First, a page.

“My criticism of the fiscal policy response of Australia is not that we did too much – even though we did – it is that once it was clear we had done too much, we didn’t wind it back,” Eslake says. He rues the higher than necessary debt levels that resulted.
Swan, the man who helped open the purse strings as federal treasurer at the time, sees the resulting uptick in debt as more benign.
“I have never had a fetish about debt,” he says. “Debt is an important part of the fiscal armoury that you use to support your economy.”
Asked about the legacy of the GFC, Swan says, “It told us that Keynesian economic policy is as important as ever and reminded us of the importance of fiscal policy as a structural tool.”
Big spending in the early days of the GFC indeed helped avert a greater disaster, but some of the most relevant spending came from China. The yuan avalanche released by Beijing contributed to Australia’s plain sailing, and the effect of continued Chinese growth on commodity prices did the rest.
By 2011, three years after the financial crisis was most acute, American unemployment was still 9 per cent and Europe was in the thick of a major debt crisis. Australia was in decent shape. Terms of trade were at a record high and the unemployment rate was just fractions of a per cent above 2007 levels.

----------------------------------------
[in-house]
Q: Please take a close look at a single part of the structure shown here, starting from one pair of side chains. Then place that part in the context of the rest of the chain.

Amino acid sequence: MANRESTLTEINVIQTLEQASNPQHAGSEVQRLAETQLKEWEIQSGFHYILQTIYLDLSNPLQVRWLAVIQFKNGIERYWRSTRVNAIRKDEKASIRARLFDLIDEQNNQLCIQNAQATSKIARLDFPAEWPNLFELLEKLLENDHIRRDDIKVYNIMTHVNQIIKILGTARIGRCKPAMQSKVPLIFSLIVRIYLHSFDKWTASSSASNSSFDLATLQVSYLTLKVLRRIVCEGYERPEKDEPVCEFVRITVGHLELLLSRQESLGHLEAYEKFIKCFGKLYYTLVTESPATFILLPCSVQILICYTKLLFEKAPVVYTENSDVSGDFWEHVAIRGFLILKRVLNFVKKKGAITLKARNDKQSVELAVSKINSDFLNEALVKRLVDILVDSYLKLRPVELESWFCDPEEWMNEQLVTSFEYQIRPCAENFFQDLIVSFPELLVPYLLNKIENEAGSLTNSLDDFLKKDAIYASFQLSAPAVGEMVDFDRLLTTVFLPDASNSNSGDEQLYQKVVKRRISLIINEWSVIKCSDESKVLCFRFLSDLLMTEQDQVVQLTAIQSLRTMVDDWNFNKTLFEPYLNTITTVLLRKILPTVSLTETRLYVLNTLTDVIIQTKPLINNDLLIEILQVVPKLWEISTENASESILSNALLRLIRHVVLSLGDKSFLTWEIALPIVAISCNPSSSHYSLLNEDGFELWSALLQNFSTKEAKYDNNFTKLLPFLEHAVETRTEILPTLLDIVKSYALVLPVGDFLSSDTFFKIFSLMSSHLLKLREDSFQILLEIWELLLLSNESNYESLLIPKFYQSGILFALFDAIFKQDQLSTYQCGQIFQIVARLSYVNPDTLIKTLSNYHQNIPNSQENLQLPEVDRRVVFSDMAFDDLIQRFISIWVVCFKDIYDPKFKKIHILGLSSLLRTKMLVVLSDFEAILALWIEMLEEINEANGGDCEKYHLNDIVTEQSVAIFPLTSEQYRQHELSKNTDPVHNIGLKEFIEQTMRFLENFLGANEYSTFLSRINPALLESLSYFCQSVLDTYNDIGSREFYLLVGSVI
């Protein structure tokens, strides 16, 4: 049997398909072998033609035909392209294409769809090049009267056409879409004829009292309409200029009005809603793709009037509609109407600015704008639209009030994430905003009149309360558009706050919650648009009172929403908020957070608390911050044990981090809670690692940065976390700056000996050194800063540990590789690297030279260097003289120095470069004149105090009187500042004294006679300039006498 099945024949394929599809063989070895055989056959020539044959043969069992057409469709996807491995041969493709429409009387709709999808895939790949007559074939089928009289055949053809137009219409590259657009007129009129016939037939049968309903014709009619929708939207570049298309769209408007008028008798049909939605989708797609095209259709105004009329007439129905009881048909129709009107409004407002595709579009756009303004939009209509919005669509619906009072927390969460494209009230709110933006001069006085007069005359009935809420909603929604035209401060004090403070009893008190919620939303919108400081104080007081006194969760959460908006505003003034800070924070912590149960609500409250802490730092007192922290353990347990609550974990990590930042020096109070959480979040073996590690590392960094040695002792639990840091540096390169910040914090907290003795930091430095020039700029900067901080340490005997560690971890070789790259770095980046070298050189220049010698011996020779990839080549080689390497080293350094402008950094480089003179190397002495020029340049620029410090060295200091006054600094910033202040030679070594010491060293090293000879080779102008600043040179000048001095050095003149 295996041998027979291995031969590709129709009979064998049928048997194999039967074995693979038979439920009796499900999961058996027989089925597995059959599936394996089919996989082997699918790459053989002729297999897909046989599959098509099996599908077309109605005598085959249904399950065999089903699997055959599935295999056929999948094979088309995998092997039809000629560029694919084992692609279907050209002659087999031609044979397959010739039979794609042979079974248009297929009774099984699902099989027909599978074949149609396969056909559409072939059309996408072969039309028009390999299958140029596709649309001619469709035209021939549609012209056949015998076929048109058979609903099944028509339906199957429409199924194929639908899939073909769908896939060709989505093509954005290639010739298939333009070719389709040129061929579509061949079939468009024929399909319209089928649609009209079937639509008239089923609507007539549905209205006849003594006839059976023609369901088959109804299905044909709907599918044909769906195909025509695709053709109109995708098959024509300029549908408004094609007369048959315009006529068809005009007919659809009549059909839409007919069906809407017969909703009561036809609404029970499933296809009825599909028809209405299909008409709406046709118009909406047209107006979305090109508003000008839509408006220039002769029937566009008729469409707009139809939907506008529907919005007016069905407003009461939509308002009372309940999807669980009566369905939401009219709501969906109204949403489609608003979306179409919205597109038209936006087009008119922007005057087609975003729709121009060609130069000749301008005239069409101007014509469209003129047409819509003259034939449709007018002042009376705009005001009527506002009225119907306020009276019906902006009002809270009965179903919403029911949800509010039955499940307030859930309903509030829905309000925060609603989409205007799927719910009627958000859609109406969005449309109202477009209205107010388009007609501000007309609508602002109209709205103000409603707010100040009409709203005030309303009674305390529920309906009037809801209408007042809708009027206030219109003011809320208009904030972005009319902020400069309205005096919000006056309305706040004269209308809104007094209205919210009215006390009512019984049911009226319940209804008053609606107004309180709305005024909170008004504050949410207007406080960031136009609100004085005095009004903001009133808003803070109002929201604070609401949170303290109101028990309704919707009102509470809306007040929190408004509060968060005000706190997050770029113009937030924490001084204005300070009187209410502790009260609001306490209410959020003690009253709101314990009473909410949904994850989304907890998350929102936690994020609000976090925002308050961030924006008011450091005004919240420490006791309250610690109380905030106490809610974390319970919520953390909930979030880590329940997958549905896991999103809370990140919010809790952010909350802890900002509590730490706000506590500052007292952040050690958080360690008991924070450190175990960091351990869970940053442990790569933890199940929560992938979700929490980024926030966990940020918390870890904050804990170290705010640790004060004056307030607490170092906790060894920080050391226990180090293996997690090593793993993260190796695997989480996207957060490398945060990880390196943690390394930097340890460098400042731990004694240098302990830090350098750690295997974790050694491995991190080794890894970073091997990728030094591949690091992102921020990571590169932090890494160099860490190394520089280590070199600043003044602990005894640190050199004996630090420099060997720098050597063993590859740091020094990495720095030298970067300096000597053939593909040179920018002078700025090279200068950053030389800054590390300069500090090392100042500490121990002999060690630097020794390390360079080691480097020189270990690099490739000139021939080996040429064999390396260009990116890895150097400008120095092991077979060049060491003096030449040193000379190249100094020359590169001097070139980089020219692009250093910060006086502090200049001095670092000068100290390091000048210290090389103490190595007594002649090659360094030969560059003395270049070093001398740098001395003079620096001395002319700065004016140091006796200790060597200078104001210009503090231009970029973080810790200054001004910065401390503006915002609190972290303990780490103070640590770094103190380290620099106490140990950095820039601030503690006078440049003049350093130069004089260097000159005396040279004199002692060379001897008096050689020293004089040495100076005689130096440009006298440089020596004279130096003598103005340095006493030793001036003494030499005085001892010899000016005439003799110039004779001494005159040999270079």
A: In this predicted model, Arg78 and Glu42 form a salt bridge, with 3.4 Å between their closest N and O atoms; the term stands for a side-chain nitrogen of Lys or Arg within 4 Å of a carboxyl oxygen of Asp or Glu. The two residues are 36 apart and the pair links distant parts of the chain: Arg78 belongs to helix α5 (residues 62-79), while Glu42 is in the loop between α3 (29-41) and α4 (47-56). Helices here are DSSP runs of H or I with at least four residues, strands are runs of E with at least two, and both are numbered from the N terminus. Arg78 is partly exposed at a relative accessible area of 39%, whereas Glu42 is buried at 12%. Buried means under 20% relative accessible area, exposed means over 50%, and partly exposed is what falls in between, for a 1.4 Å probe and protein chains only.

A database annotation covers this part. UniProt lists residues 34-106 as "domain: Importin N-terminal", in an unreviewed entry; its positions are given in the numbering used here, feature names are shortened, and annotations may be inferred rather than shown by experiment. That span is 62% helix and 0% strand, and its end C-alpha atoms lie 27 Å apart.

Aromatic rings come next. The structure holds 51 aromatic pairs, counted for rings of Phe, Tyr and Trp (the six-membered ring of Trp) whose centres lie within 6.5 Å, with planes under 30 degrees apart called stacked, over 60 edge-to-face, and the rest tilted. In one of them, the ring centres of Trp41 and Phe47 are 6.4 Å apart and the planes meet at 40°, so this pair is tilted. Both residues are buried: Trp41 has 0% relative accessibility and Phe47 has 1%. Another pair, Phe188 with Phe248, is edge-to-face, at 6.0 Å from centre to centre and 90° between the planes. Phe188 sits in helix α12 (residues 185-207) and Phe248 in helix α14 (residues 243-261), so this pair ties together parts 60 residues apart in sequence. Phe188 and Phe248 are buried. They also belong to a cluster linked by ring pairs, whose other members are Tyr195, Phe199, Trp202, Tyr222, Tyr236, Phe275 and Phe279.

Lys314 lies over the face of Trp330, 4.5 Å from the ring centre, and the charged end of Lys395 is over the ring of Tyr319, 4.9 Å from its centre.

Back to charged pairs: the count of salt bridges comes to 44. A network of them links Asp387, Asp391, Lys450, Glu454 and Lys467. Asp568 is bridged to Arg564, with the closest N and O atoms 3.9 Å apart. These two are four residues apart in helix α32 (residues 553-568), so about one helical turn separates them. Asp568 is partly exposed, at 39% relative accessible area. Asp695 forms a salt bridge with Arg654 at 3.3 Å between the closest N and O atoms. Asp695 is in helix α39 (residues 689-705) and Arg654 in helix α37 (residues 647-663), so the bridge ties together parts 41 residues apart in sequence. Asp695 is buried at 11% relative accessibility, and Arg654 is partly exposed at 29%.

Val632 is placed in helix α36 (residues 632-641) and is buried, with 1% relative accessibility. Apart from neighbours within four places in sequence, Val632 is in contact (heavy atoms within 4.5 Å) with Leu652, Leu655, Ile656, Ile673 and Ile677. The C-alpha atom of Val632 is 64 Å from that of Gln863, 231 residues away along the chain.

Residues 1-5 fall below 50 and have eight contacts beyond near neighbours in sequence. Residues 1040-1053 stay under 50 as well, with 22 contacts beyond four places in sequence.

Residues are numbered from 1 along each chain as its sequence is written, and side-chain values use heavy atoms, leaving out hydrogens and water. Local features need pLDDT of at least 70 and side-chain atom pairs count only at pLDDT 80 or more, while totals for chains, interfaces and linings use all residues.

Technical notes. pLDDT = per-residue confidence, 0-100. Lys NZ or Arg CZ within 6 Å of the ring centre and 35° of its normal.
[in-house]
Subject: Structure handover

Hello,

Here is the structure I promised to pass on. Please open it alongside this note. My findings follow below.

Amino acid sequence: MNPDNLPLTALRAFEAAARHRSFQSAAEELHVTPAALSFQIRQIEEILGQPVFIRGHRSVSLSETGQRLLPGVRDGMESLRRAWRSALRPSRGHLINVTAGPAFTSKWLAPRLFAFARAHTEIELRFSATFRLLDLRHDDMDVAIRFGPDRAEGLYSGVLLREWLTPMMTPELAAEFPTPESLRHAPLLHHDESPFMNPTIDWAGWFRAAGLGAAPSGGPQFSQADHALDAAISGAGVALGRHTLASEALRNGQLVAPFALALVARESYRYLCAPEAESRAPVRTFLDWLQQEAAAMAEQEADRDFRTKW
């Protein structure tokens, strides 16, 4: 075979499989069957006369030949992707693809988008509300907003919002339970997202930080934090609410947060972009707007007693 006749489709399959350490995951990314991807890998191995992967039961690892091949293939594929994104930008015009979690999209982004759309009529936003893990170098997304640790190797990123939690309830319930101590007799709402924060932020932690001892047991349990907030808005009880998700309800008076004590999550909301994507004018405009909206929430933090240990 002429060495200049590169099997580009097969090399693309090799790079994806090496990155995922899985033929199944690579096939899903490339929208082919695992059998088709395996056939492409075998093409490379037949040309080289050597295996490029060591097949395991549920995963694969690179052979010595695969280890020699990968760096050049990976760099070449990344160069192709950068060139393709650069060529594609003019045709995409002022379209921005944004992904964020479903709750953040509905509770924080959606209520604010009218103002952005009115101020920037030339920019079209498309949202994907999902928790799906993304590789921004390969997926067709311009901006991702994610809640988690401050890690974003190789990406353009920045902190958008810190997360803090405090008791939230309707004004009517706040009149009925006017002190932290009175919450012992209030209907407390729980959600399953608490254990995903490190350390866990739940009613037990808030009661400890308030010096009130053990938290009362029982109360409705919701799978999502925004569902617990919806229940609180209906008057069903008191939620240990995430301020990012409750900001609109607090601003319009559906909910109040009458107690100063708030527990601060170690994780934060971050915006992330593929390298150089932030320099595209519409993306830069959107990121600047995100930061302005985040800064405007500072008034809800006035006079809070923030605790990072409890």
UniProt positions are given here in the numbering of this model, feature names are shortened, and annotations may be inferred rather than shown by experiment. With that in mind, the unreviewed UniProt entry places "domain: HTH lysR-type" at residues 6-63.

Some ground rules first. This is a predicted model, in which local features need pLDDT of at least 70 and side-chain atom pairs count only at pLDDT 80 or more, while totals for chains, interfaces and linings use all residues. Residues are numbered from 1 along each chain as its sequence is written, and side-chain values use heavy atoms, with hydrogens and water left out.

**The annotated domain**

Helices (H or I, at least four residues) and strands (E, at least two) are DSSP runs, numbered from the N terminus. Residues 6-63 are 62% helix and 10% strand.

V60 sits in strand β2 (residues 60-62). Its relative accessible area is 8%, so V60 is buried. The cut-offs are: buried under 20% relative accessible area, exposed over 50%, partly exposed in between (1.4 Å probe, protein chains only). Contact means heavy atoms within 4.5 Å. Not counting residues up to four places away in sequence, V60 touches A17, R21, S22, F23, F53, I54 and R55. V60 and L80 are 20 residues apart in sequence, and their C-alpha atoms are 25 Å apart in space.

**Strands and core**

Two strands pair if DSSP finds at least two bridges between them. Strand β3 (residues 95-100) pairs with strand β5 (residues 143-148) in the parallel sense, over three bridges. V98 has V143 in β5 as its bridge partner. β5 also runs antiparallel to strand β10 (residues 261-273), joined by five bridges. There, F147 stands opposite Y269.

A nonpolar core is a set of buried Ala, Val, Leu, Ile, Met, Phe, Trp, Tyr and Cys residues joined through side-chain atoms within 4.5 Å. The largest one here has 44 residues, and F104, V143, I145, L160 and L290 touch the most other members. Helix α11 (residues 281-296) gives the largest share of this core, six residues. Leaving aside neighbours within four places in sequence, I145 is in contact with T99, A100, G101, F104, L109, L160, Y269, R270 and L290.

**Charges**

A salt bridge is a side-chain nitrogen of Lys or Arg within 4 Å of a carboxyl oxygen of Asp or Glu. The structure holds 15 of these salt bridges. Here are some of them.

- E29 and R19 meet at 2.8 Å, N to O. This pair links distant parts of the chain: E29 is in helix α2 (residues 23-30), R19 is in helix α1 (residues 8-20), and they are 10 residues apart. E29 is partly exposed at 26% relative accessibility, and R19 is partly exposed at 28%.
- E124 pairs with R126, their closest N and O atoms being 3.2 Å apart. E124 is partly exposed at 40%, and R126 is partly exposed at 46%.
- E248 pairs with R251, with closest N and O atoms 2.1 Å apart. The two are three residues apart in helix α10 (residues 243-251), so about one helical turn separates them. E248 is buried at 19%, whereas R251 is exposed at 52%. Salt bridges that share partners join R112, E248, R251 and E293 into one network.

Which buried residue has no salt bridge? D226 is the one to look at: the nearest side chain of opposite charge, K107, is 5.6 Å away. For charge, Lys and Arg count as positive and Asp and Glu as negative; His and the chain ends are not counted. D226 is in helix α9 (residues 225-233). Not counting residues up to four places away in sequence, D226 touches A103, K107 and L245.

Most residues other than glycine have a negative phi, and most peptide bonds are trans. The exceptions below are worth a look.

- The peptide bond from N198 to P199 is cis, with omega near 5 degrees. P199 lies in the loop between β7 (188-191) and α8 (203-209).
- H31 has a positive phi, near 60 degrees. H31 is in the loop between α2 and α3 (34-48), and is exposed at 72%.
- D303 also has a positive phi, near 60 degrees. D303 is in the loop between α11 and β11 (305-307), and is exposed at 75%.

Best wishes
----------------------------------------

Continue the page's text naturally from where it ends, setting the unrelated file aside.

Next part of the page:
The GFC may not have ravaged the economy, but it depleted Australia’s buffers. The budget is in worse shape than it was prior to the GFC, and official interest rates are far lower, Richardson explains.
“Whether or not it is another GFC-like event, the ability to fight off the next recession in Australia is perhaps not as good as people think,” he says. “Your two obvious sources of firepower are what the Reserve Bank can do and what the federal budget can do. The fire hose is attached to a smaller engine than it was in 2008-2009.”
That means that the next crisis will be harder to manage.
Ben Bernanke and quantitative easing
“The Lord works in mysterious ways,” Eslake says. “If you want evidence for that in this context, it would be that the person who was in charge of the Federal Reserve at the time was the one guy who knew more than anybody else on the planet about the mistakes that had been made in similar circumstances in the early 1930s.”
US Federal Reserve chairman Ben Bernanke was indeed well qualified for a crisis. Much of his academic career had been spent researching the Great Depression, which the US central bank arguably exacerbated by reducing monetary supply. It is fitting Bernanke’s signature decision was to engage in quantitative easing.
Pumping liquidity into the financial markets was designed to keep monetary conditions loose without having to reduce nominal interest rates to negative territory. If you look at the US unemployment rate, it is hard to conclude quantitative easing was anything but brilliant. Unemployment fell steadily and strongly from 2009 to 2018.
Bernanke himself writes that there exists “a broad consensus that QE has proven a useful tool, with demonstrable effects on financial conditions”.
Quantitative easing was primarily a way of stimulating the domestic economy, but it had a side effect in foreign exchange markets. The US dollar was depressed on global markets. In 2012 and 2013, as Europe and Japan also adopted QE in earnest, headlines spoke of “currency wars”.